posted by Saxon Kane at 8:38 PM on July 7, 2011 [2 favorites]


jhandey: They cook the meals at Le Grande Bourgeoisie.

At first I thought that said 'they cook the METH at Le Grande Bourgeoisie." And I was all, like, whoa.
posted by Saxon Kane at 8:49 PM on July 7, 2011 [1 favorite]


All I know is that news of the Arab Spring has really been toned down.
Especially as it happened in Egypt. The fact that it's now bogged down or turned into scary armed insurrections is something most Americans would fear, and mob violence is ugly, I don't care who does it or why, people in mobs lose reason.
posted by Katjusa Roquette at 9:12 PM on July 7, 2011 [1 favorite]


>Um, is this comment meant to suggest that Rand Paul and his ilk are the voice of the American underclass?

Not at all. I'm just saying that it is helpful when discussing politics with people like Pastabagel to be able to point out that even Rand Paul accepts that there exists an identifiable group that we can call "the rich." That something so simple is such a huge step forward just shows how puerile American political discourse has become.
posted by No Robots at 9:46 PM on July 7, 2011 [1 favorite]


There's no solution to running out of money. The immediate battle ahead is the blame game and who can win an election with it. Romney can blame Obama, and Obama can blame the wealthy (because Obama can't blame Walmart for selling out America to China when the poor still shop there).

Must say that it's an amazing feat that Republicans can still pretend to save us with tax talk, but when Americans are bitter they vote against people, not for them, so they only need to facilitate their anger. Obama needs to visibly dress down as of yesterday, maybe wear a hard hat everywhere. Then he needs to make a radical campaign suggestion to endear him to the vanishing middle class who is divided. He needs to rename the iincome tax as a DISPOSABLE income tax, and then flat tax "excessive" income specifically. Then we're just debating the only rate that matters. It's generations late in coming, but it will work for the economy, because the middle class with spend their tax reductions on things that make a big difference. Conservatives will be reeling and vomiting after their stale tax memes take on new life from Obama's lips.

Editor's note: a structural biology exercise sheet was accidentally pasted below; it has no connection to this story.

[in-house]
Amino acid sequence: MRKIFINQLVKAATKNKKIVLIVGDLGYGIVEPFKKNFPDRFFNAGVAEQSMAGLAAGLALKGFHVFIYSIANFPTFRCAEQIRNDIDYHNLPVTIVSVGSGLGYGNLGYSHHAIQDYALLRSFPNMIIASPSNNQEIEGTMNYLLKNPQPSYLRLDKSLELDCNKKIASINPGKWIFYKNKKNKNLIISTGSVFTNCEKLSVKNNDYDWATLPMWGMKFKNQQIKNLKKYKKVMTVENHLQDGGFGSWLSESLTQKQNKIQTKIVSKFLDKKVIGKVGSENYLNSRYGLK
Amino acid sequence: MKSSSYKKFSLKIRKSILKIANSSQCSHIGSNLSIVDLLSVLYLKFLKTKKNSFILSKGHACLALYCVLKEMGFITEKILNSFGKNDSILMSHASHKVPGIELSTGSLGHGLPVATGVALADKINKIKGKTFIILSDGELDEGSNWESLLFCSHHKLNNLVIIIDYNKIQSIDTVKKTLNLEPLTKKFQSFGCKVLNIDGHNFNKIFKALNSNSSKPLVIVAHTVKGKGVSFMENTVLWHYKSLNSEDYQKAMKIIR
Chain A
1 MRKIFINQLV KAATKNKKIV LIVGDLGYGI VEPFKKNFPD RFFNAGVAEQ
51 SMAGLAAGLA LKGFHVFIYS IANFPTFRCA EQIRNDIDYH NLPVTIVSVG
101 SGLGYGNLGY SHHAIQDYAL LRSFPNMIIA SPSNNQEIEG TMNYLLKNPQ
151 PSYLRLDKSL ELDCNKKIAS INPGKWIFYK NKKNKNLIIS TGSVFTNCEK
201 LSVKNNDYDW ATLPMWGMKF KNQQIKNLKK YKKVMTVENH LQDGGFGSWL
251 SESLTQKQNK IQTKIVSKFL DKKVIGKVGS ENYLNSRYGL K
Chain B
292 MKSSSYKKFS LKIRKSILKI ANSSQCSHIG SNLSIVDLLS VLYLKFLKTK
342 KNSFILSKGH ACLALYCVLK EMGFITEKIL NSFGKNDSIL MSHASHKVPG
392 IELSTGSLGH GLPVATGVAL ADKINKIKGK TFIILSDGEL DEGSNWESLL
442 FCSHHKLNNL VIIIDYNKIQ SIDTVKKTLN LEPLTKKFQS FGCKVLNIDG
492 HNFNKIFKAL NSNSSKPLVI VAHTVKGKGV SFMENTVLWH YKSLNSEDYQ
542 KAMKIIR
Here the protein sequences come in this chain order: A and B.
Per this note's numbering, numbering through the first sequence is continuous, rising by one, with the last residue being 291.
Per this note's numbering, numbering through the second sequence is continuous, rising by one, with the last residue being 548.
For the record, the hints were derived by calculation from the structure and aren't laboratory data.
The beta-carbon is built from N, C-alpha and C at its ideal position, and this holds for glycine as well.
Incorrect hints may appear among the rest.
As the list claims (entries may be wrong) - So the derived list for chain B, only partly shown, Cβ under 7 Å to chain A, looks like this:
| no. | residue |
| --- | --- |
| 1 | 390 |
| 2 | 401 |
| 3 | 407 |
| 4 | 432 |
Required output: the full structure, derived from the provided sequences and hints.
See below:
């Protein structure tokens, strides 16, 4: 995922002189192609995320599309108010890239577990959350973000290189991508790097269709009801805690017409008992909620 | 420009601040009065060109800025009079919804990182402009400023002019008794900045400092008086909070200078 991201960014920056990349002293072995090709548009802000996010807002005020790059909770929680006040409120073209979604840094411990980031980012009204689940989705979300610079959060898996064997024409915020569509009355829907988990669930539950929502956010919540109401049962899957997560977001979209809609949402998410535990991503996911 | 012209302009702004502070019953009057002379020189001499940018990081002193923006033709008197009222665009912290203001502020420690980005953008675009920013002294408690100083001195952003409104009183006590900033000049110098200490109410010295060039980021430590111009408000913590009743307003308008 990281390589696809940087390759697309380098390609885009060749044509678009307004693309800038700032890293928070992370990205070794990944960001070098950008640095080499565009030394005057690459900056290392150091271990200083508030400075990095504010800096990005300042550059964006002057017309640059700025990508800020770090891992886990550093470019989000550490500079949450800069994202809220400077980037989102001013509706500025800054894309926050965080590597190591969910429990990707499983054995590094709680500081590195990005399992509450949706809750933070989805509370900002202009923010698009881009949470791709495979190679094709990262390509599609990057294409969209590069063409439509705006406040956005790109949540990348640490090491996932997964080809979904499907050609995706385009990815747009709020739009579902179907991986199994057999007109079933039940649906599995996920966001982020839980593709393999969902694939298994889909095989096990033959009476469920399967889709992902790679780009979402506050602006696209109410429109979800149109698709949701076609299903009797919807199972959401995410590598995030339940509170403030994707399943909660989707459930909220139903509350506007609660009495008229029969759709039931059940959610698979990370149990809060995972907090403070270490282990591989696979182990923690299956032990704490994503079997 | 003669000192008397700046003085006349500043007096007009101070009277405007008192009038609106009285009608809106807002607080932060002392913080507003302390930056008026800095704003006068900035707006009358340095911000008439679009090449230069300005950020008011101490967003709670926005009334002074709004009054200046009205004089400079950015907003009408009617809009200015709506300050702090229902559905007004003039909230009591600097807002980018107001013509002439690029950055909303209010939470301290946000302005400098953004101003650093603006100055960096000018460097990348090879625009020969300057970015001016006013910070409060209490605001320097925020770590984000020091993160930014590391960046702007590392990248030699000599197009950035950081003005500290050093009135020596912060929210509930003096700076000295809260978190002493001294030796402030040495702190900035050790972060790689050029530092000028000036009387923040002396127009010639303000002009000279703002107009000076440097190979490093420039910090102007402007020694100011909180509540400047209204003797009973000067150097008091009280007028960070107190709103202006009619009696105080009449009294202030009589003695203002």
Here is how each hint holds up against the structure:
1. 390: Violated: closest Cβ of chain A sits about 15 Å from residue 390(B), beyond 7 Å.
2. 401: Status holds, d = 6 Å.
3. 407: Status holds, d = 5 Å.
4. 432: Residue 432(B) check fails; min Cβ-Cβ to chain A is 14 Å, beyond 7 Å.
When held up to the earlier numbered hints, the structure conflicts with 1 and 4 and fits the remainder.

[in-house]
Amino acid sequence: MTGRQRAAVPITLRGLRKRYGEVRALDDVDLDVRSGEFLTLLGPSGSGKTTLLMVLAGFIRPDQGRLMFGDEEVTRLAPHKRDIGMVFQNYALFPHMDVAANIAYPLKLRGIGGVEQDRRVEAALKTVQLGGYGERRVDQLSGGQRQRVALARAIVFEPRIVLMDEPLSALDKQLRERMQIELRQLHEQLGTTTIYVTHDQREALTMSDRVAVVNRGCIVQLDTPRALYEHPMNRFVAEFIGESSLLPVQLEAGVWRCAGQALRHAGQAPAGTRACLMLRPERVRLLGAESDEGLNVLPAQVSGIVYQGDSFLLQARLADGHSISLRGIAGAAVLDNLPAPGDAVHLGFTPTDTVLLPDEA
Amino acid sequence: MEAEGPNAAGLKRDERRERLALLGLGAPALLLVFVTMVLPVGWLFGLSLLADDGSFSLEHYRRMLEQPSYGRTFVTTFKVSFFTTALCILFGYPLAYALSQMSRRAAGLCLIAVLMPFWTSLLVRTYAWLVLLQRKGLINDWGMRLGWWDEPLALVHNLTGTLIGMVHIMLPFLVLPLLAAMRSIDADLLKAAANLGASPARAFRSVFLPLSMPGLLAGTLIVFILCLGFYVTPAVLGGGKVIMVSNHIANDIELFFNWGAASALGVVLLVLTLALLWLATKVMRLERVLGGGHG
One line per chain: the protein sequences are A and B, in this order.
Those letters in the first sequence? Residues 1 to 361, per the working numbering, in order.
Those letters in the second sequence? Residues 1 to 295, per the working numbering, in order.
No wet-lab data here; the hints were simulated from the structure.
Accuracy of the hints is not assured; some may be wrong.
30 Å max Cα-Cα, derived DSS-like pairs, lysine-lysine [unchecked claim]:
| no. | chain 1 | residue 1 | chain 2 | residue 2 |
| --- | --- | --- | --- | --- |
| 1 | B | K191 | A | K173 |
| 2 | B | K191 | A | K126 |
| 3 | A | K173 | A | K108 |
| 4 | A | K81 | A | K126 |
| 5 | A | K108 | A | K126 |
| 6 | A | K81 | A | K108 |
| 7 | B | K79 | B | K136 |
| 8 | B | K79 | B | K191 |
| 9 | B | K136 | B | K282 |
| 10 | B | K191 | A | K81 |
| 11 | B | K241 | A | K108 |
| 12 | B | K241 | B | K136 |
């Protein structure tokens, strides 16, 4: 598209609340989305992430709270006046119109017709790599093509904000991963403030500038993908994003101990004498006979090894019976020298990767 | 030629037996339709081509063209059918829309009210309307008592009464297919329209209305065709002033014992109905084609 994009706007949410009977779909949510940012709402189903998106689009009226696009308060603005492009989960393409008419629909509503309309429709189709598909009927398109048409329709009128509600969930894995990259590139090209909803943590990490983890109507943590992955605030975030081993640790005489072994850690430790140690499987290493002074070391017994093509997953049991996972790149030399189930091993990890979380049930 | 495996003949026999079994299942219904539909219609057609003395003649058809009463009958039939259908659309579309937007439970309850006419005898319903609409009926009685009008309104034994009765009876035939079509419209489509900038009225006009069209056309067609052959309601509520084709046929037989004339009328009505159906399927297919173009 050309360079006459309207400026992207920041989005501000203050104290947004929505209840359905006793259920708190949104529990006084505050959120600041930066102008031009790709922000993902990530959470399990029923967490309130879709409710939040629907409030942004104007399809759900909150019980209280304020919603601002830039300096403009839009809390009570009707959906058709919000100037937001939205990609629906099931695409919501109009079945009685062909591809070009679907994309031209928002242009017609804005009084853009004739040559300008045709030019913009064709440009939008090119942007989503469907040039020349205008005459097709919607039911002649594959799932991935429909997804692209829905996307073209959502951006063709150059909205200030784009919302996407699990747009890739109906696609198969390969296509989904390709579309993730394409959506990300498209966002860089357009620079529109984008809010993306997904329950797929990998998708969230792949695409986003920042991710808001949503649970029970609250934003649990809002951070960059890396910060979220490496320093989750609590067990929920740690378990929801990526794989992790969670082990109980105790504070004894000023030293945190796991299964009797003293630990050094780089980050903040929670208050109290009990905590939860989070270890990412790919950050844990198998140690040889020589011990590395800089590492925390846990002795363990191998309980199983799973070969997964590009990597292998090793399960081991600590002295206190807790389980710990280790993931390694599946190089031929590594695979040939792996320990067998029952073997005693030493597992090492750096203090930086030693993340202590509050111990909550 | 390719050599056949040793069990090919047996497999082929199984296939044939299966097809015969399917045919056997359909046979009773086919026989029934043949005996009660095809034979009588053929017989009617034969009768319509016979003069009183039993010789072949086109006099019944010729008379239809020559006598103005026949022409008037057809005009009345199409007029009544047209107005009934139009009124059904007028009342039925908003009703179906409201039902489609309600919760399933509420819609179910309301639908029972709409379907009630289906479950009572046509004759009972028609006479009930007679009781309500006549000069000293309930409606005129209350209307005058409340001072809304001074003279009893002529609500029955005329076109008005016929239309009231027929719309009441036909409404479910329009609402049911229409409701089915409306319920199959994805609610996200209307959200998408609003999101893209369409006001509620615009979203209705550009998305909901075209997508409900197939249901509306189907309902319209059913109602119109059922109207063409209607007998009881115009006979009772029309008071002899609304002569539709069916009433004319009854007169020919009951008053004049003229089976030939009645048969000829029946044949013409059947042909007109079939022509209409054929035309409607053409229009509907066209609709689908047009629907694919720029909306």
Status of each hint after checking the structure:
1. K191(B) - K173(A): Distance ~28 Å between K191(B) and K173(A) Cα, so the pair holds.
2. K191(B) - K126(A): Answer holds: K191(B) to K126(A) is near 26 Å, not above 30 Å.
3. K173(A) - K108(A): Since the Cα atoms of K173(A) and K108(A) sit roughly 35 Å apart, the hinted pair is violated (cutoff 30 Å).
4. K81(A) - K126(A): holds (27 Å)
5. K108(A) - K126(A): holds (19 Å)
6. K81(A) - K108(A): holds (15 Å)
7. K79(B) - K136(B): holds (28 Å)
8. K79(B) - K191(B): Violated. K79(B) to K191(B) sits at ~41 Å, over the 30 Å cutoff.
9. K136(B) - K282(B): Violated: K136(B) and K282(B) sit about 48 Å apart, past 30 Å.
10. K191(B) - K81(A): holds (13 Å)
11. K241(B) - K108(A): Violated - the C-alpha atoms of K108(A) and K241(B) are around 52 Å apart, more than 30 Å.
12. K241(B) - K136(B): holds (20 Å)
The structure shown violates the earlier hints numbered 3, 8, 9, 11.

Finally, Obama needs to sail into a familiar storm of his choosing, perhaps revising the public health option by making a very big deal about conservatives pretending sick people can get insurance somewhere, and offering to pay exactly half of all claims for anyone who qualifies, even sending them abroad for treatment, and use it as a pioneer program to control costs and batch buy medications. The insurance companies will see no threat to their business model, and then start signing them up as co-insurers. He might even get lucky here, but he can't lose a debate that he refuses to give up.
posted by Brian B. at 10:27 PM on July 7, 2011 [1 favorite]


marble, the only things wrong with me are as follows: rheumatoid arthritis, a chronic pain condition (that requires an inexpensive, non addictive drug to manage to a level I can generally get by with mild opiate pain killers), and chronic neuropathy (tingling in one hand). I get a kidney stone or three about ever 2 years. However, all three of my chronic problems have flareups unexpectedly, randomly, and without any warning or cause.

These combined conditions make me virtually unemployable in the States outside of an academic setting. There are some days it is illegal for me to drive. There are some days I will wake up, and be unable to get out of bed. There are some days that I can't type. I can't do extended periods of standing. And I can't raise a child, or work an office job (I've tried), or do any of the sorts of jobs anyone thinks of as being a last ditch job (see all of the above problems, plus being "over-qualified").